Massachusetts Daily Collegian, April 26, 1979

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Armed Forces

Elvis Costello And The Attractions

Eric Myers

"As I walk through this wicked world looking for a light in the darkness," occasionally I find one. In the confusing and disgusting fall of 1977, Elvis Costello, born Declan Patrick McManus, cut through the confusion trying to be amused rather than disgusted even though everything means "Less Than Zero." Everything except his lyrics.

My Aim Is True hit its target dead center. This little man of convictions would give no quarter about what he and society preached as right. He knocked down. the male macho myth and scoffed at the legend of female sensitivity. He would not stand for the suppression of expression of thought, emotion or biological needs. In "Waiting for the End of the World," God was even asked to act more responsibly: "Dear Lord, I sincerely hope your coming 'cause you really started something."

This Year's Model had "The Beat" you couldn't resist With a new band that could "Pump It Up" higher than ever before, Elvis could focus a sharper image of the alienation experienced in relationships, and expose the ills of society with increasing depth. He gunned down materialism and violence "Living in Paradise." "This Year's Girl" and "Lipstick Vogue" smudged the image of Madison Avenue and the cosmetic industry (Elvis once worked in a vanity factory). He announced on "Radio Radio" that the medium is the mush, and he battered mental cruelty with "Little Triggers." The English version contained "Night Rally," that issued warning against taking night classes of the racist National Front, and "I Don't Want to Go to Chelsea," which had Elvis snubbing his nose at high society. He lashed out at emotionless relationships in "Lip Service," because that's all those who are only "going through the motions" will get from him. Every time I dug my ears into his songs I unearthed another gem of an idea Elvis had lodged in the layers of this solid-as-a-rock record. It spent more time on the turntable than any other before it.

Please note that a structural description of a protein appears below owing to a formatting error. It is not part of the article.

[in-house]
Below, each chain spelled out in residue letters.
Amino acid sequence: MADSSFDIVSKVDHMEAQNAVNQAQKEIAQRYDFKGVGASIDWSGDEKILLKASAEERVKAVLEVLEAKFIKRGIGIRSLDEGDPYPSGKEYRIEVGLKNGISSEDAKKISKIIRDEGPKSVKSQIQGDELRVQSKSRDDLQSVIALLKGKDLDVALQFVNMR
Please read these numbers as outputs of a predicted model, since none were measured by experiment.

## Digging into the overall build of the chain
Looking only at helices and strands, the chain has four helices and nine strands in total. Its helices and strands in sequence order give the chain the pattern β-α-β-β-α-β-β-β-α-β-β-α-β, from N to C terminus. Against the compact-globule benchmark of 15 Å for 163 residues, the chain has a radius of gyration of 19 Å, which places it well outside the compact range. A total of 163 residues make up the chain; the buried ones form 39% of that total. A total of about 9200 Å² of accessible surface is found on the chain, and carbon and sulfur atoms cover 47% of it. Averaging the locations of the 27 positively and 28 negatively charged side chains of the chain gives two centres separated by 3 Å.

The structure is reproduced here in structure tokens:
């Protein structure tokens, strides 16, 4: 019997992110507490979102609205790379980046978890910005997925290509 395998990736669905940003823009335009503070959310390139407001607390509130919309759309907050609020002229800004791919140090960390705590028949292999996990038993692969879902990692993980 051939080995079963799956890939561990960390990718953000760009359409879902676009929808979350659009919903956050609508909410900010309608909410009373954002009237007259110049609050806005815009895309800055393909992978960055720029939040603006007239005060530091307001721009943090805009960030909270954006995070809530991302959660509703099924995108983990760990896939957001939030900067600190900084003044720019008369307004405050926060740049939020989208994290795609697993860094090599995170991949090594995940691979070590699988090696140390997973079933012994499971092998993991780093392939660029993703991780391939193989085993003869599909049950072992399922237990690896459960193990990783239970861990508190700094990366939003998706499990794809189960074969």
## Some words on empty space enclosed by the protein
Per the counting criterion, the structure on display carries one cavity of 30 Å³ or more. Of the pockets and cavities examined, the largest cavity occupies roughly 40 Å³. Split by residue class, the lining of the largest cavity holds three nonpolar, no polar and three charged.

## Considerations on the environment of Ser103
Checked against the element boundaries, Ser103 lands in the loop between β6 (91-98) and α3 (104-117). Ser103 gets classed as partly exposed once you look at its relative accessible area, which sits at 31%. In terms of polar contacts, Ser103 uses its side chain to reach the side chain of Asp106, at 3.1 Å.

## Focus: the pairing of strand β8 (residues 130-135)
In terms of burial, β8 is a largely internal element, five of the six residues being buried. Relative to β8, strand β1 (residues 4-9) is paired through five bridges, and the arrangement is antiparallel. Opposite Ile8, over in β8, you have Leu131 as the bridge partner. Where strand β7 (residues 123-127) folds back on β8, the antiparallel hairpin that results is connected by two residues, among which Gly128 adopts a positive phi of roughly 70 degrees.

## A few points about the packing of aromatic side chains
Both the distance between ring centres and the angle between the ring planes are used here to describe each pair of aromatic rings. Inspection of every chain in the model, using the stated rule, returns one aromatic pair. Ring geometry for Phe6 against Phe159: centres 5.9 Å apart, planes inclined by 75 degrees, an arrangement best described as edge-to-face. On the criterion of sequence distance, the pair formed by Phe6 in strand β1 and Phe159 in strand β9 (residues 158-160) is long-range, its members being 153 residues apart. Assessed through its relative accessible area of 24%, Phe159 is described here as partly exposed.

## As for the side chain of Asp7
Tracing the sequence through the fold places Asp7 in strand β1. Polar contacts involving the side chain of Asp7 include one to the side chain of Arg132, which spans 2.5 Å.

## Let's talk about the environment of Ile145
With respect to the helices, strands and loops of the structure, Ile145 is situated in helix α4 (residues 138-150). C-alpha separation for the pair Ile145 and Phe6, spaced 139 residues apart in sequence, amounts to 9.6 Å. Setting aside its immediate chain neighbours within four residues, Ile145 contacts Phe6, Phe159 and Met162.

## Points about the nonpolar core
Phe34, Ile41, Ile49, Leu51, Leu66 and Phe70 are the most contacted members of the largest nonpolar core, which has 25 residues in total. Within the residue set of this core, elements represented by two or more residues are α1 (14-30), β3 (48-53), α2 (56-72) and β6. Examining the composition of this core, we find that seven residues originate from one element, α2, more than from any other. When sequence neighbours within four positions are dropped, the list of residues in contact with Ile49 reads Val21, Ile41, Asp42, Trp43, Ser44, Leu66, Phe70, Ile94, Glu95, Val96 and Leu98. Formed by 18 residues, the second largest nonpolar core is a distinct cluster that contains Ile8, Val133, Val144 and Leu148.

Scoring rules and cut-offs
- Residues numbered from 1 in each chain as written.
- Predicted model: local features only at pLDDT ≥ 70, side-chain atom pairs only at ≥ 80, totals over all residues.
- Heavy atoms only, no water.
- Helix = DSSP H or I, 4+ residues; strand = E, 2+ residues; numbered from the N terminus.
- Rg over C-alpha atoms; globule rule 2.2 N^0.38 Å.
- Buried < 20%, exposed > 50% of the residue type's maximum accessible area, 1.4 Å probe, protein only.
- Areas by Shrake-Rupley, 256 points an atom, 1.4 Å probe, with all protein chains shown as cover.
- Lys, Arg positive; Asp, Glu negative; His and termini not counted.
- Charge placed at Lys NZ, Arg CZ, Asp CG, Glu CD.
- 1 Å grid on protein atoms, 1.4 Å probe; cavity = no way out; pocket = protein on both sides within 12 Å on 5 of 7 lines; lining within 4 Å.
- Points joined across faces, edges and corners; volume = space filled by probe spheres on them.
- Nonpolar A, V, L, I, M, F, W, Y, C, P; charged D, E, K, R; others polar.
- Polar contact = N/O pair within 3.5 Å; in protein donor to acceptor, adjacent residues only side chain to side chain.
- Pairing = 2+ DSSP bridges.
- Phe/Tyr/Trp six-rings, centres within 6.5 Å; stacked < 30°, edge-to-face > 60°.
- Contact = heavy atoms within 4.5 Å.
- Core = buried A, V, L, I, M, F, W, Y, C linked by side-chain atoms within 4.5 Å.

Armed Forces has a tough act to follow, since TYM was many critics' top choice of 1978. The initial reaction was mixed from the fans and critics alike. A few raved about it. Most thought it was very good but it did not meet their expectations. Some (women I know) said it wasn't vicious enough, others thought there wasn't enough guitar on the album to suit them. To please some I think he would have had to re-release TYM under a different title. Like Chaplin, who continued to make silent films after the advent of talkies because he could say more without sound, Costello understands how to create more with less. His arrangements work perfectly, so why make the songs play second fiddle to guitar for guitar's sake. Some wanted this LP to rock as hard throughout as TYM did. Costello's statement on radio over a year ago that "you can have strength at any volume" addresses that criticism adequately.

Steve Naive's versatility on keyboards is showcased as the solo instrument throughout the album and it is the nuances in his playing that provide the atmosphere for Costello's songs to breathe in.

"Accidents Will Happen" sneaks off of side one and snags you with all its hooks; standard placement of the hit single. "Little Triggers" concerned itself with pain verbally inflicted by lovers, but here he warns, "It's the damage we do and never know, it's the words we don't say that scare me so."